By Sean Pendergast
By Sean Pendergast
By Jeff Balke
By Richard Connelly
By Jeff Balke
By Casey Michel
By Craig Hlavaty
By Jeff Balke
Due for a Censure
Thank you for your excellent article about the Fitts family adoption case ["In the Child's Best Interest," by Bonnie Gangelhoff, January 18]. You are to be commended for your support and dedication to bringing the facts to the public eye.
Obviously, it was Judge Bill Henderson, not the jury, who reached his decision based on emotion -- his own personal agenda! Henderson should have excused himself from any custody cases while his own [divorce] case was pending. Surely he is due for a censure or reprimand from his superiors. Would his removal from the bench be too much to hope for?
Being a parent is not a matter of genetics. It is about lovingly taking the responsibility, day in and day out, to support and nurture a child. Parental rights must be matched by parental responsibility.
Michelle L. Jenkins
Wrong Whipping Boy
In reading your article "In the Child's Best Interest," I must agree that the children's well-being is very important, but I think you picked the wrong whipping boy when you selected Judge Bill Henderson. It appears that perhaps the real culprit is the adoption agency, which, in its zeal to generate fees, perhaps overstepped an ethical boundary by taking the children away from a father who never agreed to give up his parental rights. Through legal maneuvering, the agency was able to go out of the county of the father's residence and, without notifying the father of its intention, take away his rights.
There is little question that the Fittses love the boys and would make better parents than the Bakers, but I must agree with the judge's actions when he reinstated the biological father's right simply to visit his sons at designated times. I hope all the participants in this adoption agency fiasco realize that the real losers in the long run can be the children and can work out the problem, bearing the best interest of the children in mind.
But Aren't Most of theTheaters in the Suburbs?
Every week I pick up your magazine and check out the movie reviews, most of which are now written by Joe Leydon. Leydon is a nice guy who writes decent, middle-brow film criticism: critiques perfect for his former venue, the late Houston Post.
However, when I pick up the Houston Press (and that other alternative magazine), I'm not looking for a suburban point of view -- I'm looking for another perspective. And even if I didn't always agree with your old reviewers (you've never had a critic who could intelligently review action films, for example, or control his bile over the continuing careers of Stallone and Willis), at least they had an alternative twist to their enthusiasms.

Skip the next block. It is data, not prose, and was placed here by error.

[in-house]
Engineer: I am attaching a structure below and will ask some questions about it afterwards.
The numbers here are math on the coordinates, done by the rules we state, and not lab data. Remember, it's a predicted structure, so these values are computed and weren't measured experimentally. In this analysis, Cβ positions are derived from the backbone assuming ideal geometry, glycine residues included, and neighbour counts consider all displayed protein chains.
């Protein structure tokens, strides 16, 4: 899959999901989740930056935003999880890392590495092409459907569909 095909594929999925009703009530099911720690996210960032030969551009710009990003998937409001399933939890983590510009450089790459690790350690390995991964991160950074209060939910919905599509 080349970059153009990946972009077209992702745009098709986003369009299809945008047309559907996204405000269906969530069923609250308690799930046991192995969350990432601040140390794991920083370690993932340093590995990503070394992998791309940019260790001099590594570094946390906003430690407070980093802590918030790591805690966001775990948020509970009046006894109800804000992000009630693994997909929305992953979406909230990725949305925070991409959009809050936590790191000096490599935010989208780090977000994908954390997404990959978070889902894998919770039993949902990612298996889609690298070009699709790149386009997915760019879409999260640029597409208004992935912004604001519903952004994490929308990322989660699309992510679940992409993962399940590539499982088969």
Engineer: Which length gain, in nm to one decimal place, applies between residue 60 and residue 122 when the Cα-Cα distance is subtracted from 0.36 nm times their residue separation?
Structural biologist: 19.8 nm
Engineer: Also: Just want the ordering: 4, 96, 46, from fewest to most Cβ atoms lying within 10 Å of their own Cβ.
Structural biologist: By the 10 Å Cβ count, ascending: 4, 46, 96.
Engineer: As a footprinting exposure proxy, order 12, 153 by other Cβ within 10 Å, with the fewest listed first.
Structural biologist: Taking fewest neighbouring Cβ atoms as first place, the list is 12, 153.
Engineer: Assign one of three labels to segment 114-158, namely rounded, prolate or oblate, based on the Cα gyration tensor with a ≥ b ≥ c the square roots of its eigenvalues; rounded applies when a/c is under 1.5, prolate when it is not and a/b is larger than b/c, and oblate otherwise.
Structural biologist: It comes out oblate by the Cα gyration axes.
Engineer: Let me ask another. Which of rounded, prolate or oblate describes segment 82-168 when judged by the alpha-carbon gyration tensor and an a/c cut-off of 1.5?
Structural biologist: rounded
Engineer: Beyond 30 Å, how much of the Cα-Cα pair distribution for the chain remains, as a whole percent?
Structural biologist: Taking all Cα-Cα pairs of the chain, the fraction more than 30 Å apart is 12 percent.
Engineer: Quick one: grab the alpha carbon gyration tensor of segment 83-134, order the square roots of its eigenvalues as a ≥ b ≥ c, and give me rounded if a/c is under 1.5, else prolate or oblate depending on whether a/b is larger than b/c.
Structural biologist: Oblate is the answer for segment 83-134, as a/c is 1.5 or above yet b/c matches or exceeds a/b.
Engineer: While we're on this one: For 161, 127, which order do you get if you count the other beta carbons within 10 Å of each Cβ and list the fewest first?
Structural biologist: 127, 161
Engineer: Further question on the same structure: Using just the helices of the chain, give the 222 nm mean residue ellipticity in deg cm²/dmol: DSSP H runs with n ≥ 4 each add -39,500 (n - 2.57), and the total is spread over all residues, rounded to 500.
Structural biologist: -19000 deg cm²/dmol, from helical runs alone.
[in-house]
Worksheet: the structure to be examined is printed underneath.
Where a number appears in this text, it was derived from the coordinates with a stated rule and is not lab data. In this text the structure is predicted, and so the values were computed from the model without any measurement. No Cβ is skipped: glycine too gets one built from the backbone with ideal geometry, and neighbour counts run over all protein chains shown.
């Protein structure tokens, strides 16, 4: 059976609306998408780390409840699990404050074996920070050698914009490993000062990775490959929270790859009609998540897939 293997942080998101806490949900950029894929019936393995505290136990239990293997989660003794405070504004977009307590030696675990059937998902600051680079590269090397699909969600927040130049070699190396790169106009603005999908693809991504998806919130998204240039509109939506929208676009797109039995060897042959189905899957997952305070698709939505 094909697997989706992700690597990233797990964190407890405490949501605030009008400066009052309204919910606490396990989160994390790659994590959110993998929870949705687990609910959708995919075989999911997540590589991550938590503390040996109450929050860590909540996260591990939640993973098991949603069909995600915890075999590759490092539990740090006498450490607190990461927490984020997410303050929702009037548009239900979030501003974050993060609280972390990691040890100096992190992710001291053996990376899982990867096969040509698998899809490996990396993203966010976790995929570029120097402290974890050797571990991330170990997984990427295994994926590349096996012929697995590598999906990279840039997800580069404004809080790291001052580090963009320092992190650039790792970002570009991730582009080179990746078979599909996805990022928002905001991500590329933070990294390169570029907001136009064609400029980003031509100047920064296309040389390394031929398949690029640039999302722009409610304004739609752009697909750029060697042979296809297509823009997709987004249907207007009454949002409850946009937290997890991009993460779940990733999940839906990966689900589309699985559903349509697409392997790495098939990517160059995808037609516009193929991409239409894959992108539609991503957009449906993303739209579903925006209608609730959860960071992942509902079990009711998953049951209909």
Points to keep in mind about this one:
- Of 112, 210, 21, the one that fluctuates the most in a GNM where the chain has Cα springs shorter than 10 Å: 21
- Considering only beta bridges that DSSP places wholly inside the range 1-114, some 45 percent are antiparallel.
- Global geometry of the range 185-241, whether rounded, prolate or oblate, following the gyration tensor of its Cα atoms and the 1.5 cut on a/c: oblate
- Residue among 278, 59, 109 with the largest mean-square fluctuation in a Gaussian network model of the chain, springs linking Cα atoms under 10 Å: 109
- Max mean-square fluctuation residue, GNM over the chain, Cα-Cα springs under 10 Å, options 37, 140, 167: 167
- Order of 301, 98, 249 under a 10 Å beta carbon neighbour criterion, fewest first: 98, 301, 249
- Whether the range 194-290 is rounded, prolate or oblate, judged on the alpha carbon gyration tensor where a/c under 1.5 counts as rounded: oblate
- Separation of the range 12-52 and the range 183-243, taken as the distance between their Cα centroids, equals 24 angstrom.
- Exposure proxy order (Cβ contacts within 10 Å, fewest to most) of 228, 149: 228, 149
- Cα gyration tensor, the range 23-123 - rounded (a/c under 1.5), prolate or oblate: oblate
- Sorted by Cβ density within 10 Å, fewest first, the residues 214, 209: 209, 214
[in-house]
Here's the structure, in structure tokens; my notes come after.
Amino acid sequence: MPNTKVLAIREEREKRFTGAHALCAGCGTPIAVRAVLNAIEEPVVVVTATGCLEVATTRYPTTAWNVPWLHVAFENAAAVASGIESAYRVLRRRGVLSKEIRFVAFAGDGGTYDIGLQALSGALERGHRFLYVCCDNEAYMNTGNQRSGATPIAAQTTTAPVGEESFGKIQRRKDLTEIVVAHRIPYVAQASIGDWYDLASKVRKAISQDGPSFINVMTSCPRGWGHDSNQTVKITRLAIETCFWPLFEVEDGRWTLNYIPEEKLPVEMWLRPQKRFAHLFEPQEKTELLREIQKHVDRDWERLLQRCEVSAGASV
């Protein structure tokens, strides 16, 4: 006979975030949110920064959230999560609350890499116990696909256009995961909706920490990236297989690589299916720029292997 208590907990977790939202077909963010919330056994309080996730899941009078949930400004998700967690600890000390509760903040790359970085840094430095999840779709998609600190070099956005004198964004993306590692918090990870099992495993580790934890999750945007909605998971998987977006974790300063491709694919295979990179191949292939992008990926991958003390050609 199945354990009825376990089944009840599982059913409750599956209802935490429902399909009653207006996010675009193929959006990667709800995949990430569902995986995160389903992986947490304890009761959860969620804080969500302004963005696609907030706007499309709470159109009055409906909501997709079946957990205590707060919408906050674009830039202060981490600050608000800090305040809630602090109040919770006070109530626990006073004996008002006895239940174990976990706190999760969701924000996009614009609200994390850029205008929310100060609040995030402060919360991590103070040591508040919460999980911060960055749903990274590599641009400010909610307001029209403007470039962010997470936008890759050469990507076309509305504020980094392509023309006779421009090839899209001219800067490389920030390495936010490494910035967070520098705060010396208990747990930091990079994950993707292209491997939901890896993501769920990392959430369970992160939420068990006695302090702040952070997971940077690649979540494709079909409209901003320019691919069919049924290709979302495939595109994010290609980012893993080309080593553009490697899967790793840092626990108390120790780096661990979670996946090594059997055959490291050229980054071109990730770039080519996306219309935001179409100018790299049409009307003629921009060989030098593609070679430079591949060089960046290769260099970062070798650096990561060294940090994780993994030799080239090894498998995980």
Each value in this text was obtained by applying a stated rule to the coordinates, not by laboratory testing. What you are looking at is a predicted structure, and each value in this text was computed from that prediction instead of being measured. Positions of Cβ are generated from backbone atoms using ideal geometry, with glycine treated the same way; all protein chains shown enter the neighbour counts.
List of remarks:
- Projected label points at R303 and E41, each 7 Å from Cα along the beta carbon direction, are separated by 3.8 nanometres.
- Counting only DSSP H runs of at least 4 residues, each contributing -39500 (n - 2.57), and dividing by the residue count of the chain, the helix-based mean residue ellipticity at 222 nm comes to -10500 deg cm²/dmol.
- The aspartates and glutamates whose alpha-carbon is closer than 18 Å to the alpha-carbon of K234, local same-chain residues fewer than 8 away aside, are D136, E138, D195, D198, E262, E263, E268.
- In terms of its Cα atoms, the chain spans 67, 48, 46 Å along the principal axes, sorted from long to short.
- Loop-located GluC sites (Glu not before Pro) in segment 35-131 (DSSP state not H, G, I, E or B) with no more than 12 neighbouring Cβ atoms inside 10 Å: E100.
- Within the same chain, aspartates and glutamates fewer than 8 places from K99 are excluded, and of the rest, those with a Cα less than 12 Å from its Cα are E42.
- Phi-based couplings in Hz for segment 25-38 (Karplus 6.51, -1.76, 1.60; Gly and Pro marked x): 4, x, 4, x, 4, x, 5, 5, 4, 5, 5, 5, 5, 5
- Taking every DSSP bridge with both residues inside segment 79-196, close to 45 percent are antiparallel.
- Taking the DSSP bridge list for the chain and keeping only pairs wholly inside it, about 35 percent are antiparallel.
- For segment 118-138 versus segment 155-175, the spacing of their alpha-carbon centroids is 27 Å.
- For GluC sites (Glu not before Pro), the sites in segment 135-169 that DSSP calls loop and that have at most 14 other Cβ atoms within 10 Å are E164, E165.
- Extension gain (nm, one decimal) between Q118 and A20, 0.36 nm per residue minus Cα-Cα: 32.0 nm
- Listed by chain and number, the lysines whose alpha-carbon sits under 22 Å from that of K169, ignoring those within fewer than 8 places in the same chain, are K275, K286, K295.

If an inoffensive, blurb machine is what you expect from your critic, Leydon is the right man. If you want something more interesting, punchier, more readable, you need to switch out.
The Year-Round Advantage
I have been a part of the Cy-Fair school district since 1983 and was skeptical when the issue of a year-round school calendar was first raised. Now, however, my children have been a part of this program for two years. Personally, I love it!
My initial reason for wanting to adopt the year-round calendar was to keep school tax increases to a minimum. At the time, I was a single parent with my own home and found it very difficult to deal, financially, with yearly tax increases. As your article ["The Year-Round Go-Around," by Brian Wallstin, January 11] stated, Cy-Fair ISD's taxes are some of the highest in the Houston area. However, on the positive side, I feel as though I get my "money's worth" for my children's education.
I have a special needs child who has been a part of the Cy-Fair ISD since he entered the early childhood program in 1985. I feel that both he and my "normal" daughter are receiving a quality education, and their education has been augmented by the year-round calendar. This is especially true with my special needs child. I find that with only a month off every three, he is retaining more of what he learned in the previous two six-week periods. With the traditional calendar, we spent the first six plus weeks of every school year doing review work to bring him back up to speed after being off for three months.
My daughter has the advantage of small classes (no more than 20 kids in a class since kindergarten); however, rezoning to avoid building new elementary schools will dramatically increase class sizes. The boundaries for neighborhoods zoned to her elementary school will send hundreds of additional children to her school, which is bound to raise the student/teacher ratio. That, in turn, will decrease the amount of individual attention the students now get.
My biggest complaint about my school district is the in-fighting between pro-year-rounders and anti-year-rounders. You can't tell me kids learn better by going to school practically nonstop for nine months and then are forced to be out three months. Even the most normal children forget a lot of what they've learned the previous year. Doesn't it make more sense to give them much-needed breaks every few months, which can eliminate burnout (yes, kids get burned-out, too)? It also gives me the chance to take a vacation during some time other than the three hottest months of the year.
A concerned (and sometimes
confused) Cy-Fair parent
Name withheld by request
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